This is too interesting and insightful.. .
I am currently reading a book “Works Well With Others” on how to or not trust others. Trust is an important pillar in business and personal life success.
My Admin at Taj, had once lightly remarked, “Madam you trust people too fast and you are too generous. Not everyone is sincere here. Most people here are imposters.”
However I have my own belief in trusting others for specific requirements. Trusting someone I believe is somtime testing them too. And most people who are trusted, respond well to that trust bestowed upon them.
Ofcourse its trust for certain situations or issues like with a loan, with handing over some responsibility. It is not a blanket trust for everything. I AM NOT THAT STUPID.
But still in a city like Karachi where trust deficit is higher than the highest peak in the country, his comment kept me wondering if there was something reall wrong with me. Then one of our young female Consultants, who has become a good friend too, recommended me to read this above mentioned book.
Contrary to what I had thought would be a serous learning lesson on how to manage ones trust on others, it has turned out to be a very funny personal story of a guy who evolved from an immature to a seasoned person skilled in workplace success and as a social navigation coach.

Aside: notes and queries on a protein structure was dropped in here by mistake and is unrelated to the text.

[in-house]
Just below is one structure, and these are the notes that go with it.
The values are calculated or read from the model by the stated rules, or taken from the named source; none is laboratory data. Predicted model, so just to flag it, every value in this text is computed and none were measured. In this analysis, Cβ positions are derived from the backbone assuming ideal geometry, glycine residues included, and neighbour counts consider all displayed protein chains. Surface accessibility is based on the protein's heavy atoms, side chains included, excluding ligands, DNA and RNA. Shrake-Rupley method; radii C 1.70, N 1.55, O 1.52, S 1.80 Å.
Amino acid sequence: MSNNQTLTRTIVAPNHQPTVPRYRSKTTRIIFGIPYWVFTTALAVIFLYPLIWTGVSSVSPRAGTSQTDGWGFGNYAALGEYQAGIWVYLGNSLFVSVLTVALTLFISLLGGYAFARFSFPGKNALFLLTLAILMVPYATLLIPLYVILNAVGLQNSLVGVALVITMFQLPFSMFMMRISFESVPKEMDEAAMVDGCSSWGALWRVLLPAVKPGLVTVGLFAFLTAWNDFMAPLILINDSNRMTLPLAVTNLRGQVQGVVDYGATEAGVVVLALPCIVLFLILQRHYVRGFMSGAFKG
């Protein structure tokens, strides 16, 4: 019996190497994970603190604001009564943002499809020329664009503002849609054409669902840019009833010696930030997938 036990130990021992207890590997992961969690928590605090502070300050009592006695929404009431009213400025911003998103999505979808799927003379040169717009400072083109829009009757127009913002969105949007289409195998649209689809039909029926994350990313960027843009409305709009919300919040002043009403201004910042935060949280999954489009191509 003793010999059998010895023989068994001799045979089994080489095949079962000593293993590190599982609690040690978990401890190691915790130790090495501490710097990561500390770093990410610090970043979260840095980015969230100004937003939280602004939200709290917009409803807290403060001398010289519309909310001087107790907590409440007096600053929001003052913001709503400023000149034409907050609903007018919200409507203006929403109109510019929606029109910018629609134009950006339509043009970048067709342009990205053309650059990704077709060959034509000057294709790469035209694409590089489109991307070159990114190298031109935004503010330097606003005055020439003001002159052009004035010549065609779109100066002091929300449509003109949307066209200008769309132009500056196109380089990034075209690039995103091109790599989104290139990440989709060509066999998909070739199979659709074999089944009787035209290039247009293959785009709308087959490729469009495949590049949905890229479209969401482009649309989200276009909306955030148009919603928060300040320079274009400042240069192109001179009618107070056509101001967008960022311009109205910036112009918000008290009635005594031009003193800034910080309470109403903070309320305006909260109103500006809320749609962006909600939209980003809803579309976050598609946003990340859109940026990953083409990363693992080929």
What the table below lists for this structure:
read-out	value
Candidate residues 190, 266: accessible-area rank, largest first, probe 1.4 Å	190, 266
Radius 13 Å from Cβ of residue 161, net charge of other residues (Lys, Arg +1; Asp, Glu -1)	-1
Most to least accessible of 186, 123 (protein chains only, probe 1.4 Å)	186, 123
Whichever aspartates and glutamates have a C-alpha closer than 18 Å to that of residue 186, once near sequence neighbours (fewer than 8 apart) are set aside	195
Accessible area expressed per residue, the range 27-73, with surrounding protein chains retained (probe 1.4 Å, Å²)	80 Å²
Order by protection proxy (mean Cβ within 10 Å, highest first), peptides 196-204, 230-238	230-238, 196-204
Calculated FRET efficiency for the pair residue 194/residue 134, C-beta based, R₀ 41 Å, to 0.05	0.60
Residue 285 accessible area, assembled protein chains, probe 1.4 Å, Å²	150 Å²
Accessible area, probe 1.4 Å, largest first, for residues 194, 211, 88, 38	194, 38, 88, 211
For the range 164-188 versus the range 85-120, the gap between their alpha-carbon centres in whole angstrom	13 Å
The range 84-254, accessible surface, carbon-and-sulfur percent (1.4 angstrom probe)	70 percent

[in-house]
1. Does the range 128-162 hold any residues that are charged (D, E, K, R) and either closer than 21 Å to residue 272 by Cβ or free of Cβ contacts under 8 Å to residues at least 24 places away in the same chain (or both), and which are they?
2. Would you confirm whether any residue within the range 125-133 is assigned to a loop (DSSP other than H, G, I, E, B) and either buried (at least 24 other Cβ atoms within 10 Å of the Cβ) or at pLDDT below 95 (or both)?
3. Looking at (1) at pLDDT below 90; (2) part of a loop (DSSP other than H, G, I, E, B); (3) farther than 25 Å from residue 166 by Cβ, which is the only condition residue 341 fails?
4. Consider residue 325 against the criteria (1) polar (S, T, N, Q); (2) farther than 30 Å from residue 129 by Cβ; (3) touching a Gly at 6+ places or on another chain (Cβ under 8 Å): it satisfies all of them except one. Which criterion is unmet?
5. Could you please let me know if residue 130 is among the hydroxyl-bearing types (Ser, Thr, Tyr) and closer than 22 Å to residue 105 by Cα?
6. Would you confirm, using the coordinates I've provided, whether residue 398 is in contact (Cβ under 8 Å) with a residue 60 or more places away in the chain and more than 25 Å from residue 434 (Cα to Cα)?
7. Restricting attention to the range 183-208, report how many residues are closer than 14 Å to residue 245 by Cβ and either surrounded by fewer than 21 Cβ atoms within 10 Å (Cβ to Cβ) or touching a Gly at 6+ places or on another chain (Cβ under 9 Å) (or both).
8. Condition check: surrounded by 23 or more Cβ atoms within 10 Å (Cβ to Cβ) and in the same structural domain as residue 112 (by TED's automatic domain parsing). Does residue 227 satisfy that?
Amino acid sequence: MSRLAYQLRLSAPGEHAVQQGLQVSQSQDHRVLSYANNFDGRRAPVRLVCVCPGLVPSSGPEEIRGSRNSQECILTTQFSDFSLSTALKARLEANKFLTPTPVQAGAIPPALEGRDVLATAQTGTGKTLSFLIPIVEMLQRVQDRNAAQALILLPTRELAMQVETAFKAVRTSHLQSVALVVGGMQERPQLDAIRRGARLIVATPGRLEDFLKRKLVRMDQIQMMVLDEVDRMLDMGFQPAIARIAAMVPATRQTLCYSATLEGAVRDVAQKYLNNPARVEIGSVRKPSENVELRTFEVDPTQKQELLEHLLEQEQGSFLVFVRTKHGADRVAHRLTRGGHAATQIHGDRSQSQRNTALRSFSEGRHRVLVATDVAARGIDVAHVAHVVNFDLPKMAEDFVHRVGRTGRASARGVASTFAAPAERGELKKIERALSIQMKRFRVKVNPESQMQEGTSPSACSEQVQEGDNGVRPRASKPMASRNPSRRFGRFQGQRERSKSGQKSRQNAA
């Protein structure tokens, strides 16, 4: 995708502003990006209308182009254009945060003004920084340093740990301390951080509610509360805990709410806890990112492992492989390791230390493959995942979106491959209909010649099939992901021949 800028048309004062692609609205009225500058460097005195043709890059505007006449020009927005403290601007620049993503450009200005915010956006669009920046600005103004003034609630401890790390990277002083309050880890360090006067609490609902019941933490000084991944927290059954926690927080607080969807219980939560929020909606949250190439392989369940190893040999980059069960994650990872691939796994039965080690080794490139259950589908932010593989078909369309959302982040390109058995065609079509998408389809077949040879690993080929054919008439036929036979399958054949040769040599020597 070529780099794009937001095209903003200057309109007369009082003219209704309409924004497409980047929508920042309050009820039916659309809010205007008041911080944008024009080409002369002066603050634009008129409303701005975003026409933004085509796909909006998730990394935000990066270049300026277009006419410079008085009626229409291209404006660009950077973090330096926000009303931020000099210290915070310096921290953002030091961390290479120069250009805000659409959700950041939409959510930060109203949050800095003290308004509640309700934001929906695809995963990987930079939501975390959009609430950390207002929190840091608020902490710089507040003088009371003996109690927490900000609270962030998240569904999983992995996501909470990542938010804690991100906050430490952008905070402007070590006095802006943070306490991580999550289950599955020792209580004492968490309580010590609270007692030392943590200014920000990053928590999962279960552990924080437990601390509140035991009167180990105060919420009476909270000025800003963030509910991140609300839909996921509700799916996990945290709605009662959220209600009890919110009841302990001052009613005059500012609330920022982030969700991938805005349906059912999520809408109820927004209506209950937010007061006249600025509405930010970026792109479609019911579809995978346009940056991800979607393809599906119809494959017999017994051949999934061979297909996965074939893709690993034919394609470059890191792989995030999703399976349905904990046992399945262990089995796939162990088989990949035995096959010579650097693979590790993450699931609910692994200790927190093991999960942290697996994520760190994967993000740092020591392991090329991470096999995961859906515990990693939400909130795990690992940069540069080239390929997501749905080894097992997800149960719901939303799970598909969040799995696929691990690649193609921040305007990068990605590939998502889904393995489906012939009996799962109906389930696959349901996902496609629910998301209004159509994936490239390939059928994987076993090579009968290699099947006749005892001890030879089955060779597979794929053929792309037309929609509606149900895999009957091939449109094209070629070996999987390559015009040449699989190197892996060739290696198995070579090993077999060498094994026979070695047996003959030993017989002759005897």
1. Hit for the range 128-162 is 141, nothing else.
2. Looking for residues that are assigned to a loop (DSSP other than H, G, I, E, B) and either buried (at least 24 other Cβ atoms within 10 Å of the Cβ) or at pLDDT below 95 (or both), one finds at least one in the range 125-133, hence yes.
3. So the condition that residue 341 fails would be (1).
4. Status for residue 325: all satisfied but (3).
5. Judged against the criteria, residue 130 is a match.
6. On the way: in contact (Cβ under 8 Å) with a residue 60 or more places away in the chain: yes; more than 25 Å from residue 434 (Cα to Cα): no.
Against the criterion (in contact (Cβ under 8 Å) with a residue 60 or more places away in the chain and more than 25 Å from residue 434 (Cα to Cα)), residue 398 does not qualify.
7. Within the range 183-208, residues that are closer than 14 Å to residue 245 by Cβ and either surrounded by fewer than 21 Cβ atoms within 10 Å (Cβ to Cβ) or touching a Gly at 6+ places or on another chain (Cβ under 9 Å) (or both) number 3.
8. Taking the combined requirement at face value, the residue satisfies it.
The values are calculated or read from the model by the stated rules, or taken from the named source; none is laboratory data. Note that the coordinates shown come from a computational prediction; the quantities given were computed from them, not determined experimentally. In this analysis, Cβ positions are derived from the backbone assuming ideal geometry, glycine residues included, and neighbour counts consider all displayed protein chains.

Since in West a lot of business transactions happen in bars or in business parties over beer cans, he suggests a Test called The Two Beers and a Puppy Test.
However trivial or ridiculous the test may seem, it appears that this test has recieved rave reviews and is acknowledged as a gold standard on trust by many.
Probably not applicable personally, as I don’t drink beer, but can definitely relate to trusting or not trusting people with my Elmo.
Non-beer folks can apply this to Tim Hortons Coffee or smokers to Sheesha or even with fine dining together. No one wants to go dine in a chic restaurant with uninteresting people. 🙂
Those who don’t fancy dogs can apply to kittens or other pets.
Anju A Rajan you can relate to how Ismail needed to ensure if his kitties were safe at your place and spent a day earlier at your place. 🙂
The combinations it gives of
- Yes/No (Fun to be with but not trustworthy)
- No/Yez( Not a great company, but reliable)
- No/No (All in all Toxic- avoid them at all cost)
- Yes/Yes (Your people)
IMHO this can be extended to all our social networks including colleagues, family and friends in general, excluding social media friends of course. 😀
The book by Ross McCammon is a pleasure read. Would recommend to all.
Anyone who has read this book already? Your views?